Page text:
More Canadians snapping up vacation homes

By Staff | May 16, 2013 | Last updated on May 16, 2013
3 min read

Due to low interest rates, more Canadians are purchasing recreational property, finds new Royal LePage data.

It reveals 82% of those who have second homes that they rent out or use occasionally—including those who plan to acquire property in the next five years—were primarily influenced by low rates while deciding to buy.

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It adds half of existing dual homeowners predict the prices of recreational properties will increase over the next twelve months, while one-third says prices will remain the same.

Of those who haven’t yet made a vacation home purchase, the majority (76%) are more inclined to buy a property in Canada than in the U.S.

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“Despite financial and economic uncertainty, or perhaps because of it, we’ve found he enduring value of recreational properties is widely recognized by Canadians,” says Phil Soper, president and chief executive of Royal LePage.

He adds, “The recreational property market has remained remarkably stable and resilient, while large urban centres [saw] home prices shoot up in recent years before rapidly cooling in 2013.”

Soper continues, “I don’t recommend real estate as an investment to the typical family. Shelter is, after all, primarily consumption. In Canada today, however, we see virtually no return on bonds and other forms of modest risk savings.”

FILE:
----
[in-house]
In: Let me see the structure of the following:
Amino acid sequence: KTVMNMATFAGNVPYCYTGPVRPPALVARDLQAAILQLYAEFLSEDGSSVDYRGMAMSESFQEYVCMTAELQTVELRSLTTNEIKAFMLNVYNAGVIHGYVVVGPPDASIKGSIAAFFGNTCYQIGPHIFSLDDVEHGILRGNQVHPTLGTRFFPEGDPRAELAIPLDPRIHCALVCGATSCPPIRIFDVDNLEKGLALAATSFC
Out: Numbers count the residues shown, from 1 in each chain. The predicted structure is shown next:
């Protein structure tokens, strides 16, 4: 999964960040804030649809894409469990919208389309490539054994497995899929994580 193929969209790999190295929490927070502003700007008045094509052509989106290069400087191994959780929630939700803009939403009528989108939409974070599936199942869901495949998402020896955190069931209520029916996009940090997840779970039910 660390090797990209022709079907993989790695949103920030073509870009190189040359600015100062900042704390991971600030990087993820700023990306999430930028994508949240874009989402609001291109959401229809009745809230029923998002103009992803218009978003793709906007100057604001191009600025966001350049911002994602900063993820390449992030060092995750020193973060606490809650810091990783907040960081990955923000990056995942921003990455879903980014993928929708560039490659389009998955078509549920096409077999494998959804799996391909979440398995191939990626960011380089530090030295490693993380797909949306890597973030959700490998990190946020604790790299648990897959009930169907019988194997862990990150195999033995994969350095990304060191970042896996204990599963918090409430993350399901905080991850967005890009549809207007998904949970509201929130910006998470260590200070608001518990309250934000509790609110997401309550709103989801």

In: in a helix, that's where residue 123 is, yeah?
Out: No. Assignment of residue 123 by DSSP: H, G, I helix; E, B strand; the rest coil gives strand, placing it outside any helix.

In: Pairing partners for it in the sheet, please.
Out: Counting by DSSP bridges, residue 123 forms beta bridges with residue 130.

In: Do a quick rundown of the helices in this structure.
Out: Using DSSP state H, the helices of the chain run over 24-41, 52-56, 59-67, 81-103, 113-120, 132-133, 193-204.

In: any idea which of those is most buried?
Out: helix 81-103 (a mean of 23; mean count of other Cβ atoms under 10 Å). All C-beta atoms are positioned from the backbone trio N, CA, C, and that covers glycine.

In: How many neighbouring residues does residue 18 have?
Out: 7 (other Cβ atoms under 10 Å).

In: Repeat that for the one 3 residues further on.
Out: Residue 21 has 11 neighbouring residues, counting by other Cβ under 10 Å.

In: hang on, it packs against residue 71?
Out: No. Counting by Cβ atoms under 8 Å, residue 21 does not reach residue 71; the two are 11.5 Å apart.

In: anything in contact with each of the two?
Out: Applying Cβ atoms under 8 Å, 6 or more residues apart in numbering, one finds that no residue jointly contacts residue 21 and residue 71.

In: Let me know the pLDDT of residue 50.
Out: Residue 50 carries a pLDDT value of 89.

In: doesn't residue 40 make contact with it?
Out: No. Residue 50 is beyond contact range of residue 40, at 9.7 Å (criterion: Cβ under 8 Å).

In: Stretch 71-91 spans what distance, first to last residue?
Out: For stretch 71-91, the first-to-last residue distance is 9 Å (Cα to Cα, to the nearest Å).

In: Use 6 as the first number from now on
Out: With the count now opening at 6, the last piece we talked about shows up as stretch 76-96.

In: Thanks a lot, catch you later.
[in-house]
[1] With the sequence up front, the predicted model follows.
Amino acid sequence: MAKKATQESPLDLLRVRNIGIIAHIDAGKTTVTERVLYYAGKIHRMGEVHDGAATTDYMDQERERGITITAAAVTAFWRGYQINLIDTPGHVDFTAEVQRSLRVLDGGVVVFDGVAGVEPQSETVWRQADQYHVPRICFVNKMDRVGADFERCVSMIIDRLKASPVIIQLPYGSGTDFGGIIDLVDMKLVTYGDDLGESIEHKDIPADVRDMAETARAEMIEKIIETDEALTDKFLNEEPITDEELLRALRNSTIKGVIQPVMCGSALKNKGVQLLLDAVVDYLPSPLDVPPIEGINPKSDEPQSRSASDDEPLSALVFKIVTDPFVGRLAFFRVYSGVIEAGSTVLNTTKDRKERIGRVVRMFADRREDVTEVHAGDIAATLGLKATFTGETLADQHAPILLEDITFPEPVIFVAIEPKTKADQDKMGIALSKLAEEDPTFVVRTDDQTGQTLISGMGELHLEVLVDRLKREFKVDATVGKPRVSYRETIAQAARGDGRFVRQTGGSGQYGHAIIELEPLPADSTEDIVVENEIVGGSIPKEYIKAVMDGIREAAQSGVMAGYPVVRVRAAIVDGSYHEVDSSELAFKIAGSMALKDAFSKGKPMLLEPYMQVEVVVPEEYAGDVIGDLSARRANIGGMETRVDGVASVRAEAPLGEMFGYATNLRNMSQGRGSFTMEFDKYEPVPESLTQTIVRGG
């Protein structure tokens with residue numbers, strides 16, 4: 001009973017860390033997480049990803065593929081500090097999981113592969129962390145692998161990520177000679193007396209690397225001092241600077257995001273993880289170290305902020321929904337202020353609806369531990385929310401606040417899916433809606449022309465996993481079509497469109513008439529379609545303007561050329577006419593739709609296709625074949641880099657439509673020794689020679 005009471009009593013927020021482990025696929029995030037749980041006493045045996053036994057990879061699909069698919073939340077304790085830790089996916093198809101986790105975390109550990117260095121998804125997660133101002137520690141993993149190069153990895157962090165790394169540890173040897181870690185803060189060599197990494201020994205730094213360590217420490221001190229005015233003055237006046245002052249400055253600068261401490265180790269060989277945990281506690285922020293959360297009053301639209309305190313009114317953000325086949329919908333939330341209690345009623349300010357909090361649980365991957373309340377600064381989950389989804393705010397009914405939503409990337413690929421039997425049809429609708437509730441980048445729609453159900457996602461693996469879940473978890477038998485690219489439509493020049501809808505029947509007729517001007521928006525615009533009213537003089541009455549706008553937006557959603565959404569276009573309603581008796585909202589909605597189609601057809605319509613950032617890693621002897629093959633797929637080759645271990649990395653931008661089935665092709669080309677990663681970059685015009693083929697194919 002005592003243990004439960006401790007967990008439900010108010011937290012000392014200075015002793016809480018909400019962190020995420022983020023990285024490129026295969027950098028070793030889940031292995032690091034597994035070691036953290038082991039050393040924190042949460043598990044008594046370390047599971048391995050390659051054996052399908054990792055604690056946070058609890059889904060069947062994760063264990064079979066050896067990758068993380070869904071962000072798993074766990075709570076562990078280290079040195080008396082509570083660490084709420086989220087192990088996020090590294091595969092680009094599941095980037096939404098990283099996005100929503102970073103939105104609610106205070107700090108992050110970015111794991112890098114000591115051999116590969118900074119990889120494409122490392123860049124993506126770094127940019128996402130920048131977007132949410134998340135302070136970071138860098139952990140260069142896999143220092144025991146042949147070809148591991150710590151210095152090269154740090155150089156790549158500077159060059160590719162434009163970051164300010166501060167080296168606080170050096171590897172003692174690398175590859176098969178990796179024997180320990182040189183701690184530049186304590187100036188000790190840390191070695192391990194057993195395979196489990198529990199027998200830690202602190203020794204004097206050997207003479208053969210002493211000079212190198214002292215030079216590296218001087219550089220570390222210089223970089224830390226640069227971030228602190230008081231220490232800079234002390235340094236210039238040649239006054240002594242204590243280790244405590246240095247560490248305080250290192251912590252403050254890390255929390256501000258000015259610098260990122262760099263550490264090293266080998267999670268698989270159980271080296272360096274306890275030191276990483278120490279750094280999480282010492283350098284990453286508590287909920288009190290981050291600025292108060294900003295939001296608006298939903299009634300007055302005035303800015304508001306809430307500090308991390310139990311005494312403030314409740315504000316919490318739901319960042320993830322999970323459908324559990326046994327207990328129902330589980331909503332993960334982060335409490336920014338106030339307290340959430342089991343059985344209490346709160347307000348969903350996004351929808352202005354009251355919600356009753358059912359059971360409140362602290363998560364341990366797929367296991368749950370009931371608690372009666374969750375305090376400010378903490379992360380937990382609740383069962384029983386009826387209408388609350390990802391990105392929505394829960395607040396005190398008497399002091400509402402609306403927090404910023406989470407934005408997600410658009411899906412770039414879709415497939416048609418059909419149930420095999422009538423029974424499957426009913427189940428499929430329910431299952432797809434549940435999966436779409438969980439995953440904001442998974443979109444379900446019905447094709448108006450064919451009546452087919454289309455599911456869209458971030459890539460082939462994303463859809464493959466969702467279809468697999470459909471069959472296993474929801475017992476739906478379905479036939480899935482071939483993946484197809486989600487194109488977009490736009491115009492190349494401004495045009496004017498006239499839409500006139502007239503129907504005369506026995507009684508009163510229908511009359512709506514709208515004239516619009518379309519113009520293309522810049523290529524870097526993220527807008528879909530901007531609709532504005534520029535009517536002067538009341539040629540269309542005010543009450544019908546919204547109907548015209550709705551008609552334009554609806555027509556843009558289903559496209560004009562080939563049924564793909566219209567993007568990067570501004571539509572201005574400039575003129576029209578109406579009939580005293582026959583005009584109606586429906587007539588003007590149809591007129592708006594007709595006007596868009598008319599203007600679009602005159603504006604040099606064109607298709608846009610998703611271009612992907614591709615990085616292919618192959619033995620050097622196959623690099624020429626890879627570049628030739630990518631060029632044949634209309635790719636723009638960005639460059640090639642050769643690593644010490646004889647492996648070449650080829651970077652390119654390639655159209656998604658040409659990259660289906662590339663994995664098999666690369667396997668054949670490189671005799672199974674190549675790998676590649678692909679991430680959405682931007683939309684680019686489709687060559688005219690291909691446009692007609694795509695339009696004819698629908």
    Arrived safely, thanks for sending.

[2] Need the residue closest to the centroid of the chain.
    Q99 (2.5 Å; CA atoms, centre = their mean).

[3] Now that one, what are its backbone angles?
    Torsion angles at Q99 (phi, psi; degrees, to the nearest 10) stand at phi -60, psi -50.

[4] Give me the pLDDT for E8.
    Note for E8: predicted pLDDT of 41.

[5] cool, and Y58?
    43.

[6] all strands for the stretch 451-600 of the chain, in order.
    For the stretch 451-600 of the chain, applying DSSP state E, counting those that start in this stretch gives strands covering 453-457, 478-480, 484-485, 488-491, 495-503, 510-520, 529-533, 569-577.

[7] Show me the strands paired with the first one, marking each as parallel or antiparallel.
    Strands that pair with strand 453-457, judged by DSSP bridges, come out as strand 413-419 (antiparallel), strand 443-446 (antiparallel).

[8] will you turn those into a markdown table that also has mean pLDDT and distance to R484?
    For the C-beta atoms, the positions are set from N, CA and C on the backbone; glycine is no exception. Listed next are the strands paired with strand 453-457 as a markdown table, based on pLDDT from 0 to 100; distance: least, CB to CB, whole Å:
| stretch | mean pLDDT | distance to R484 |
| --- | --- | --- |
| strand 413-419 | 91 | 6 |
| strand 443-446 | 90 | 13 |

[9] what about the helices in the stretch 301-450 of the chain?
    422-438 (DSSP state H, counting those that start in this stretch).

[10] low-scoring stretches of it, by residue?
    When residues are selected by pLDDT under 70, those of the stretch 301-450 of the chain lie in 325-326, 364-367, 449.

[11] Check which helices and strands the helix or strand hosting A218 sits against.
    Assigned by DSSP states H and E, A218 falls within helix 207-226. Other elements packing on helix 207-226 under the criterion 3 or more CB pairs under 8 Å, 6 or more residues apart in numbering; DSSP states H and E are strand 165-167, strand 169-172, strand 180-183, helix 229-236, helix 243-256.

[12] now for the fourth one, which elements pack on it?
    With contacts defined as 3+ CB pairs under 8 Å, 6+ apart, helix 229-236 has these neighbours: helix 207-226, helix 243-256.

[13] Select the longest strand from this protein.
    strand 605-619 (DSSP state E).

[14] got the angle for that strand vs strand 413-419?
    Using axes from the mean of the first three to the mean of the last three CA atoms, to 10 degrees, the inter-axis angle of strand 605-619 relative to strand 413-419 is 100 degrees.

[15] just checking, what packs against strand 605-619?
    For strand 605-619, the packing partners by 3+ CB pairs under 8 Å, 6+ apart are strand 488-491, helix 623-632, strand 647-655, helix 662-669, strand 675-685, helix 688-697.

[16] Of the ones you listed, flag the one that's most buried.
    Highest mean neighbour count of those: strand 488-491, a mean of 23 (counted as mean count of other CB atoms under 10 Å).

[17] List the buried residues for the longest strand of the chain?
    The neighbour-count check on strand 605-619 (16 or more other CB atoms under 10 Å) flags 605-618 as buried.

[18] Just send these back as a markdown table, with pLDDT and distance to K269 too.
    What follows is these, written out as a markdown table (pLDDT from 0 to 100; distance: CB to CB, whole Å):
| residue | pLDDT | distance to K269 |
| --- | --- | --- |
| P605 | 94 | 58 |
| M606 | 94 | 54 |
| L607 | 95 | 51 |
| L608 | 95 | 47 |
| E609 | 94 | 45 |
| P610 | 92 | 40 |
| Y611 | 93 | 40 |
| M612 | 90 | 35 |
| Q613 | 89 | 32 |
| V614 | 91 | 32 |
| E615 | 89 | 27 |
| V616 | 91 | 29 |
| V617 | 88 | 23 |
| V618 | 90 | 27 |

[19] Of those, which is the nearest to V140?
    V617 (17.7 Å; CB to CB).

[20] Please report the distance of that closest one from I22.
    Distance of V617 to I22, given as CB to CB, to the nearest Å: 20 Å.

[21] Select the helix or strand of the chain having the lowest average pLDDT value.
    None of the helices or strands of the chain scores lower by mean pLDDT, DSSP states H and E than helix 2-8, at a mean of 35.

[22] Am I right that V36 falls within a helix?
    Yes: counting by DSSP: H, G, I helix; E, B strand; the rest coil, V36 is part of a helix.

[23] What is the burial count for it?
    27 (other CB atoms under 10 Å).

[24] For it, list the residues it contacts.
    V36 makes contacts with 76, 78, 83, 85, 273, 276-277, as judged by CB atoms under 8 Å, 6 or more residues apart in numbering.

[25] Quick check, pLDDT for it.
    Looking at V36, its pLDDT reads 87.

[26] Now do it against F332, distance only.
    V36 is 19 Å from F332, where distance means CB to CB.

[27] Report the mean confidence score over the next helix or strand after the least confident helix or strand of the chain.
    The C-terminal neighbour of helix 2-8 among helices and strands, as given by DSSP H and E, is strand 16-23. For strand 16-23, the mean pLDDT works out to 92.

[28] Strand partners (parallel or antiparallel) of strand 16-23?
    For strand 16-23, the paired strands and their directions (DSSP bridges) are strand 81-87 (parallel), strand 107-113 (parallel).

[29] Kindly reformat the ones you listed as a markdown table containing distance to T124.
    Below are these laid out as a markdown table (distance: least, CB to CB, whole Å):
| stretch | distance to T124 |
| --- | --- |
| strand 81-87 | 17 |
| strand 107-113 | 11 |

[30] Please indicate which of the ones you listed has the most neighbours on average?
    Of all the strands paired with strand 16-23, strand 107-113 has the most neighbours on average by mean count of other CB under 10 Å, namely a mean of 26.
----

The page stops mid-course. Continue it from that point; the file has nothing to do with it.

This is why people are considering recreational property in a new light, though he warns they should also factor in their lifestyles, investment needs, and other potential costs like insurance.

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The survey finds the majority of current recreational property owners plan to keep their properties over the long-term, with 60% stating it’s unlikely they’ll sell their second homes upon retirement.

Almost two-thirds (64%) aren’t planning to use their recreational homes as their primary residences upon retirement. For those who are, however, they favour the affordable purchase prices (56%) and reasonable maintenance costs (39%) compared to the costs they cover on their primary residences.

When it comes to recreational property, they enjoy waterfront access (37%). But they do say the homes must be close to town (33%), medical facilities (26%) and their current primary residences (22%).

Though properties on a lake are most popular, some buyers also look at homes in the mountains or woods (17%), as well as at condos in recreational communities (13%).

If Canadians had to make changes to their lifestyles to afford a dream property, the survey says most (31%) would rent their properties out during the year.

Read: Help clients fund their retirement dreams

Other strategies include: reducing discretionary spending (25%); downsizing their primary residences (24%); purchasing a fixer-upper (23%); and purchasing a shared home with friends or family (22%).

Read: Beware when clients co-sign mortgages

The chart below shows the typical price range for standard waterfront, land-access properties across Canada:

2013 Recreational Property Price Summary

Average Price Range by Province

For a standard waterfront, land-access cottage

Size: 1,000 square feet, with 3 bedrooms and an 100 foot lot.

Prince Edward Island $120,000-to-$300,000
Newfoundland $150,000
New Brunswick $175,000-to-$180,000
Nova Scotia $180,000
Quebec $125,000-to-$1,000,000
Ontario $75,000-to-$625,000
Manitoba $300,000-to-$370,000
Saskatchewan $250,000-to-$800,000
Alberta $110,000-to-$650,000
British Columbia $290,000-to-$2,000,000
NATIONAL AVERAGE $177,500-to-$625,500 staff


The staff of have been covering news for financial advisors since 1998.